ENTRIES TAGGED "mobile systems"
Two promising projects featured
Boston-area programmers can do a good deed and experiment with some unusual technologies at two upcoming hackathons that aid disaster response. The first hackathon takes place at MIT on October 5 and 6, and the second is at MassChallenge on November 2 and 3. Both are sponsored by AT&T along with other organizations, and feature mobile development.
I talked with Willow Brugh of Geeks Without Bounds, a self-described “accelerator for humanitarian projects” that mentors teams working on such things as development efforts and disaster response. GWB vetted the hackathon challenges and helped put them on a footing that should maximize success. Brugh told me of some of foci for the challenges.
Each challenge will allow developers to take the spotlight to propose their projects, as at most hackathons, and recruit other developers to work on them. But the MIT challenge will include an opportunity to work on an MIT project called OpenIR, which makes it easier to use satellite data to pick out features of the landscape of critical importance to disaster recovery, such as water or fire damage.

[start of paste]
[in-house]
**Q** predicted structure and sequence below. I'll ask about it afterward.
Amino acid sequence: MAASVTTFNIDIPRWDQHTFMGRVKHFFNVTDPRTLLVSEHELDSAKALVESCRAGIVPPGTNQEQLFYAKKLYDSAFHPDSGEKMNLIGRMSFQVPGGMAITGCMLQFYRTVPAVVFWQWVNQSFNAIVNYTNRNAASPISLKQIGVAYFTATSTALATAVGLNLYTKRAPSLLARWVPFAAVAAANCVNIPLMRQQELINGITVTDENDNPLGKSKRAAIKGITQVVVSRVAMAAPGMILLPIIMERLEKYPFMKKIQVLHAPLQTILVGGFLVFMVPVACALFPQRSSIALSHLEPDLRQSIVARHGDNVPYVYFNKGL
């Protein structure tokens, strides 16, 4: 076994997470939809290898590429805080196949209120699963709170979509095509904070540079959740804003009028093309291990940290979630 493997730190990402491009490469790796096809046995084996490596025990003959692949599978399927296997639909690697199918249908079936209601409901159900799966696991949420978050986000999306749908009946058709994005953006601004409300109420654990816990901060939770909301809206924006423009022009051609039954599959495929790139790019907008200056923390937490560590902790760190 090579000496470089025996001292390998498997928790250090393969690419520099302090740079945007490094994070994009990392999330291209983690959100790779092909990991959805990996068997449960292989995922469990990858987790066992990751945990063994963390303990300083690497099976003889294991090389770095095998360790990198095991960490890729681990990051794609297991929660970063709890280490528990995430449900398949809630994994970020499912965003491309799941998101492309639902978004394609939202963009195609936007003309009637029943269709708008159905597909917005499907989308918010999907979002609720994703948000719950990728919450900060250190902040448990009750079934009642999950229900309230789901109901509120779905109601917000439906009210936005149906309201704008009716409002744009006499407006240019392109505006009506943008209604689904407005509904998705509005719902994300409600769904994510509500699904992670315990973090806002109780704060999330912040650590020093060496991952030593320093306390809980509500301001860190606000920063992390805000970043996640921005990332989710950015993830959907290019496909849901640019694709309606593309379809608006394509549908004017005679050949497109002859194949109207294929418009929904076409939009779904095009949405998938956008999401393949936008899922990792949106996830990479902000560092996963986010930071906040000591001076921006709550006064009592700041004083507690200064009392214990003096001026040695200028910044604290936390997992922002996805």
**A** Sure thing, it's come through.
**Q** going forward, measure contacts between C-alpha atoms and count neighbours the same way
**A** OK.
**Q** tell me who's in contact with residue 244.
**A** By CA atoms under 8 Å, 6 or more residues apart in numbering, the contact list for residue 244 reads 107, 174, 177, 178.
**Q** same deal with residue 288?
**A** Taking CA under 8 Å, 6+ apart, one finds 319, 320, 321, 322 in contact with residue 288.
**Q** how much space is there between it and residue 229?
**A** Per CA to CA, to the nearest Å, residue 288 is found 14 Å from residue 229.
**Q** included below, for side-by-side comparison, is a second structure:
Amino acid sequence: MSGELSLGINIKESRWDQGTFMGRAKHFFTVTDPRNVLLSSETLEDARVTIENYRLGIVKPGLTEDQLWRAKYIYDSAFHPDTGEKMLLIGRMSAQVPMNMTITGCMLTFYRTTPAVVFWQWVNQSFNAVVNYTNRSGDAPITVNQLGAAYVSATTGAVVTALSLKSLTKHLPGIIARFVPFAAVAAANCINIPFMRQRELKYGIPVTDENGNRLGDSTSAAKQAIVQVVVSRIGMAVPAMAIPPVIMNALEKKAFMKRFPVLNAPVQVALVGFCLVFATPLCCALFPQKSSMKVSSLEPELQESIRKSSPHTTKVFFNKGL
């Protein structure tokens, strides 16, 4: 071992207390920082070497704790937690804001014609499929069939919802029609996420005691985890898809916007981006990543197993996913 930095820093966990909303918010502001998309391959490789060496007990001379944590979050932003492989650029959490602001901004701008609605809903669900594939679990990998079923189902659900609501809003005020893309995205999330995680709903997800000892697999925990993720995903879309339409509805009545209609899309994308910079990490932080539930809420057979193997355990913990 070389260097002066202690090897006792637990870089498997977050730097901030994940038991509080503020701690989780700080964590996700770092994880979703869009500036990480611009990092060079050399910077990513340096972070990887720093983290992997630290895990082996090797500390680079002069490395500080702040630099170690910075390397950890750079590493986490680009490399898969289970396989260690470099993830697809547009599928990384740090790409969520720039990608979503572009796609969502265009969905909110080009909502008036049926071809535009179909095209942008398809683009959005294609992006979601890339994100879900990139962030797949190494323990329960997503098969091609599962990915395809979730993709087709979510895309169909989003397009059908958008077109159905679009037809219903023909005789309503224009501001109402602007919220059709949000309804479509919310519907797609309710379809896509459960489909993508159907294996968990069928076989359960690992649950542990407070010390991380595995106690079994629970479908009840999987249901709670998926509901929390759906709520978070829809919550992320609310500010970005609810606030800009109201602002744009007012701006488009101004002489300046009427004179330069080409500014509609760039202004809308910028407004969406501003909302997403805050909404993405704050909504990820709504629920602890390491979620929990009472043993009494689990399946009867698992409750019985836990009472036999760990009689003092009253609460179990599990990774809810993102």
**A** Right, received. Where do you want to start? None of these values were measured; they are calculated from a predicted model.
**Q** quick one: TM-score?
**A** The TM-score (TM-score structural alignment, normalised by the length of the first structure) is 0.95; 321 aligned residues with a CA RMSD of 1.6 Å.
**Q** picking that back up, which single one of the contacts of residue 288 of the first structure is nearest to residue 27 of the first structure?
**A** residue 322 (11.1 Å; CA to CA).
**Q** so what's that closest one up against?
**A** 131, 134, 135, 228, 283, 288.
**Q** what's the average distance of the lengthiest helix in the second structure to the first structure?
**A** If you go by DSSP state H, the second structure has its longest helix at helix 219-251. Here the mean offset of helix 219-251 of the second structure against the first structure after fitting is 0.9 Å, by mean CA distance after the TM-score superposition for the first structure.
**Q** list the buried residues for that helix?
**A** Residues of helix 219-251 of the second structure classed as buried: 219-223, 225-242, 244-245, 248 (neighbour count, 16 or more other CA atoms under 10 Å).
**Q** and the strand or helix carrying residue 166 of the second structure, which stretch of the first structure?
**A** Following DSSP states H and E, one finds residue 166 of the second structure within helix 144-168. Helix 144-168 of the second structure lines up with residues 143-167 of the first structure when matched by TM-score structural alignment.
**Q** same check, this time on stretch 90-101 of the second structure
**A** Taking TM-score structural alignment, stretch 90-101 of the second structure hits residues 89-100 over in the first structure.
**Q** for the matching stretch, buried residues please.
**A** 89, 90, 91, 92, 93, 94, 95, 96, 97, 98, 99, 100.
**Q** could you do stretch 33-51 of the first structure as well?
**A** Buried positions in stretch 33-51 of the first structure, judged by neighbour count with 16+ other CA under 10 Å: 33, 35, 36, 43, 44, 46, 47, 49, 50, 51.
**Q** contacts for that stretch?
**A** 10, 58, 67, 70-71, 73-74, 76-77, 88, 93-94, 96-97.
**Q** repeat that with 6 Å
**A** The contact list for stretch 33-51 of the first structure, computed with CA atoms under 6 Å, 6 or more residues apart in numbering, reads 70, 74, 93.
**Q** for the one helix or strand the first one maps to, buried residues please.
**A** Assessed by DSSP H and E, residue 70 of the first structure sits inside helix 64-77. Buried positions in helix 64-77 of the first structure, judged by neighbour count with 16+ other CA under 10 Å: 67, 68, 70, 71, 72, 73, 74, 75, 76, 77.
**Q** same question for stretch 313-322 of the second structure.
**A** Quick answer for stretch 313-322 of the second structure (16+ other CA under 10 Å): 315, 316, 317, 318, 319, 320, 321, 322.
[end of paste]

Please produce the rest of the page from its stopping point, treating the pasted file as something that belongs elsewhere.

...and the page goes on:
The MassChallenge event will similarly highlight Need Comms Now, a tool with the dual purpose of helping disaster respondents find working cell phone towers and conserve phone batteries. This project includes a server and an Android app. When the app detects the presence of a cell phone tower, it uploads the information to the server to help other respondents using the app. The app also downloads fresh data regularly about available towers, so that a respondent can avoid trying to connect until the signal is good, saving the battery.
Like many technologies designed for special purposes, OpenIR and Need Comms Now may prove valuable in more common scenarios too. Anyway, the disaster response technologies promise to be interesting and worth checking out at the hackathons.
The health care technology track at the Open Source convention
touches on core areas for improvement: patient-centered care, the use of
mobile devices, administrative efficiencies, and the collection,
processing, and display of statistics to improve health care